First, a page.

« Reply #38 on: August 13, 2012, 09:29:33 PM »
I got the impression that he self-defense immunity claim was another way of saying that he didn't think that the charge should have been brought.  He made mention that either way, it would eliminate any future civil claims against George Zimmerman.

I remember that Crump said that all the Fulton - Martin's wanted was an arrest.  Wasn't that to aid in any future civil claims?  Either against GZ, the HOA, the SPD, or whomever?

Offline AJ

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Re: Mark 'O'Mara's 8/13 Press Conference
« Reply #39 on: August 14, 2012, 03:43:44 AM »
I got the impression that he self-defense immunity claim was another way of saying that he didn't think that the charge should have been brought.  He made mention that either way, it would eliminate any future civil claims against George Zimmerman.

I remember that Crump said that all the Fulton - Martin's wanted was an arrest.  Wasn't that to aid in any future civil claims?  Either against GZ, the HOA, the SPD, or whomever?

I discussed this with someone on this thread (I believe the person is a lawyer, don't remember who it was specifically). From what this person said, or at least the way I read what they said, the arrest has no real bearing on a civil claim, and neither does Mr. Zimmerman winning immunity in the criminal trial. From what was said, if they filed a civil suit and the charges were dismissed due to immunity - whether granted at the criminal trial or in a civil trial - they (Team Crump) would have to pay all of the defendant's costs - which I took to also mean attorney fees, etc. I'll try to find where we were discussing that - I believe it was the thread I started asking about when 776.031 was invalidated. I specifically recall asking about the whole idea of "Team Crump wanting an arrest so they could file a civil suit."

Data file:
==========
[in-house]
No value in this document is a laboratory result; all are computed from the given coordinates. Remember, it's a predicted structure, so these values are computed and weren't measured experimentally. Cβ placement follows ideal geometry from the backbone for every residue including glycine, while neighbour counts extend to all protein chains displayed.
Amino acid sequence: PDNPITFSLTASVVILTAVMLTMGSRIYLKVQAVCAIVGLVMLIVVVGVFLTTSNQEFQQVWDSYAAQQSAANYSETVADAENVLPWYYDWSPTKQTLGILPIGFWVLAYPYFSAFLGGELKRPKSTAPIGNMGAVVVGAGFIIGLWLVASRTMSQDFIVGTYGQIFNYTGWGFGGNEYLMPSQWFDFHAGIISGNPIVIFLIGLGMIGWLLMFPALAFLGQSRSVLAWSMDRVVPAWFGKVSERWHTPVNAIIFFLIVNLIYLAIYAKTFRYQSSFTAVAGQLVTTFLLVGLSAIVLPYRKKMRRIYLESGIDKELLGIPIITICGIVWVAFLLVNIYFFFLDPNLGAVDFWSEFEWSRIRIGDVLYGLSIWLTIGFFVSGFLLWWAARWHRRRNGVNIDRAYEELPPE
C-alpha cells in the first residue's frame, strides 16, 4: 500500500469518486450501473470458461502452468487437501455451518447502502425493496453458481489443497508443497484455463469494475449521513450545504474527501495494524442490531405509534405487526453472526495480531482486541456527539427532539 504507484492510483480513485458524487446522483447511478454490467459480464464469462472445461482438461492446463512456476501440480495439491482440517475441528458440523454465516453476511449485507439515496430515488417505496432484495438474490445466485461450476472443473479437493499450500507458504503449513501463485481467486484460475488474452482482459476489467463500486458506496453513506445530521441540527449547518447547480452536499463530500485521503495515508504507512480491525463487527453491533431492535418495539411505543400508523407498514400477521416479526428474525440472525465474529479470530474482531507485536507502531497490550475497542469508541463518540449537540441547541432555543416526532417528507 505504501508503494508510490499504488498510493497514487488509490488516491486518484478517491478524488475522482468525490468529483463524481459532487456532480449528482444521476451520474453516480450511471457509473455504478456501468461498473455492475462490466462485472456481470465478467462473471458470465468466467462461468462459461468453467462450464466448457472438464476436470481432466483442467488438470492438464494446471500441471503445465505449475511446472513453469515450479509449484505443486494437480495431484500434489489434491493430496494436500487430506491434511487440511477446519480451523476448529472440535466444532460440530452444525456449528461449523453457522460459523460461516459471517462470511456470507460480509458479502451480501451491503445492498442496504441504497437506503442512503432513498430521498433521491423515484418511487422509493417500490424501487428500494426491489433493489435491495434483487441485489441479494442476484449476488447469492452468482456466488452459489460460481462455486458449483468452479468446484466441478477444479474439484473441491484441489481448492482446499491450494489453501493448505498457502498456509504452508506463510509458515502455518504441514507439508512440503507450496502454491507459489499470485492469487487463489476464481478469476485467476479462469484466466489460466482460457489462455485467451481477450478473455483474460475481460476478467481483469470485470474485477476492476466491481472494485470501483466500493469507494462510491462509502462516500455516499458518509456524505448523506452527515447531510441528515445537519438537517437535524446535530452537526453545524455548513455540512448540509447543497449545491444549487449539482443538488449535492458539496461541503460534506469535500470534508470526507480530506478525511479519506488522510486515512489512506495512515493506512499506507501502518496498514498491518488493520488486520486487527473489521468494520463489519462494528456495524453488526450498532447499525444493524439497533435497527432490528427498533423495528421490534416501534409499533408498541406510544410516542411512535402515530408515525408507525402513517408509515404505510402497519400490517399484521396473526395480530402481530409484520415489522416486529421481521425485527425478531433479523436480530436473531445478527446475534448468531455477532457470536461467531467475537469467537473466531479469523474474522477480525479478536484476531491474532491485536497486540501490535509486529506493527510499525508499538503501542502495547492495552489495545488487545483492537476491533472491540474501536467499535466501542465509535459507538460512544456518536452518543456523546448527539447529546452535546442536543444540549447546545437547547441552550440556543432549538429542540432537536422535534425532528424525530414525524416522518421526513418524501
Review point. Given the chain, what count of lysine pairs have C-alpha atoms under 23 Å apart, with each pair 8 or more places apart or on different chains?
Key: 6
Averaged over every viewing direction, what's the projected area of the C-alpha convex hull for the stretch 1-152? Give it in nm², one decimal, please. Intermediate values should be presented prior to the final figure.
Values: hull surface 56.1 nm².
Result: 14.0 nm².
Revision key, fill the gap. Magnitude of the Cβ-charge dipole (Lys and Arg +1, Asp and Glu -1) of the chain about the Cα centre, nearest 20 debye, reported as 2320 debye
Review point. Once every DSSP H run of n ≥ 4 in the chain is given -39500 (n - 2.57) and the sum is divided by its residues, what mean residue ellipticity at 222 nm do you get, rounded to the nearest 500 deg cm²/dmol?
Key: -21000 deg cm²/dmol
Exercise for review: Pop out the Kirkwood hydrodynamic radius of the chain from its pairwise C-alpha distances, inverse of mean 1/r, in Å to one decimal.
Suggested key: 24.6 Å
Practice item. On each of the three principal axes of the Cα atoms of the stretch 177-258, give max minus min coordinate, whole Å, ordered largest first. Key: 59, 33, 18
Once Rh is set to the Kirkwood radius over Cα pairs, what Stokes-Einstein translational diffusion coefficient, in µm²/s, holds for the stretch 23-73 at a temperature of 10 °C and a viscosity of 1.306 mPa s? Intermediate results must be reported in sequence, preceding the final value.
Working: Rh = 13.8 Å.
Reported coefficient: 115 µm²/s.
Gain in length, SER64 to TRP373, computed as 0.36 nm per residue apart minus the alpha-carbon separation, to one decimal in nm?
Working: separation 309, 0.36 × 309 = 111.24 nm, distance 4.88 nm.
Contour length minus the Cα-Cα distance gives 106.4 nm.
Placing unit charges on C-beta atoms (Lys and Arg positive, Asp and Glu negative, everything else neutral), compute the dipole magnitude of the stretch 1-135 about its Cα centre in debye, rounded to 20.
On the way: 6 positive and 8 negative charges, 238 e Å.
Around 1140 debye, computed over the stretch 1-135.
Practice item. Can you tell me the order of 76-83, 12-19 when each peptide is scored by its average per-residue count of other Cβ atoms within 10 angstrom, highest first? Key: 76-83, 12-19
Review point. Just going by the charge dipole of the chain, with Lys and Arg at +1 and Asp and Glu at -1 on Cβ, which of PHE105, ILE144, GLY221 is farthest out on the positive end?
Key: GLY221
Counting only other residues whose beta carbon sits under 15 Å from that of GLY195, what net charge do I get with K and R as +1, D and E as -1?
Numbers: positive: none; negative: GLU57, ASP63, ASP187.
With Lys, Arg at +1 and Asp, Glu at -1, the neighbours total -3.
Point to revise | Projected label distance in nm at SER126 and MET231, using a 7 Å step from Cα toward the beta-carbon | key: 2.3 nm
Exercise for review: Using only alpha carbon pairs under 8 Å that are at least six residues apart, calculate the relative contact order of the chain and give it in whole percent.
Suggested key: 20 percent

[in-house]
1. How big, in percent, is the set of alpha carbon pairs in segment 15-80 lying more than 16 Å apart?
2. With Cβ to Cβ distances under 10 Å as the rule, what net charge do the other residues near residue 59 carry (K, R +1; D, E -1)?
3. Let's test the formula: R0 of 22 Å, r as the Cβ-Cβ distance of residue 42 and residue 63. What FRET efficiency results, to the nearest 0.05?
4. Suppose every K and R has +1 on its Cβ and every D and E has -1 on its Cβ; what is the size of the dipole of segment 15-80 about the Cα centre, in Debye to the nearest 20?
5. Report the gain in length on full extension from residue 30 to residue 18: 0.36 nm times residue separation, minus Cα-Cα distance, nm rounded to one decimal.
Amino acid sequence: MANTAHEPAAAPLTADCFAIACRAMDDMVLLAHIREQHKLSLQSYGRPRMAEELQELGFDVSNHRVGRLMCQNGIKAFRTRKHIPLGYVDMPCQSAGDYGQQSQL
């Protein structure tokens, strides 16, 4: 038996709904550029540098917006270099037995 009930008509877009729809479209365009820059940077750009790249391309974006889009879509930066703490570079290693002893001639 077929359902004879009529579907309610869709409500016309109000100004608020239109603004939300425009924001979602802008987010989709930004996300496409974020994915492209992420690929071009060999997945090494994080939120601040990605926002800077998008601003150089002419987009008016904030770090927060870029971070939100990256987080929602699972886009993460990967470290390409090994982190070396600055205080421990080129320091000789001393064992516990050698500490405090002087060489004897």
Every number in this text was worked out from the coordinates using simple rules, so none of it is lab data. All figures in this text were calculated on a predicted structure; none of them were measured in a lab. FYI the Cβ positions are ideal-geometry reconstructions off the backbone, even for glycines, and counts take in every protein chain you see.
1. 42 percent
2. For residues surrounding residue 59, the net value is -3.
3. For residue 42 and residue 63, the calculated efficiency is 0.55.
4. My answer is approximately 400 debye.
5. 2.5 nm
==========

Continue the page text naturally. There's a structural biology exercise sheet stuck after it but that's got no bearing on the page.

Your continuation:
Offline nomatter_nevermind

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Re: Mark 'O'Mara's 8/13 Press Conference
« Reply #40 on: August 14, 2012, 03:55:15 AM »
I think the statutes and case law are clear that if the judge in a Dennis hearing finds that deadly force was justified, the person is immune to further process, criminal or civil.

The immunity does not attach to third parties.

As I understand it, the city of Sanford is the only deep pocket, as The Retreat at Twin Lakes Homeowner's Association is barely solvent.

Offline nomatter_nevermind

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Re: What O'Mara Says the Case is All About
« Reply #41 on: August 14, 2012, 04:24:11 AM »
  But we can figure out whether Zimmerman believed he was reasonable in shooting Martin, which is what the case ought to be decided on.

Under the law it should be decided on what the trier of fact believes is reasonable, not what Zimmerman believed.

That aspect of traditional self defense law was not changed by the so-called SYG legislation. That is a canard spread by opponents of the law.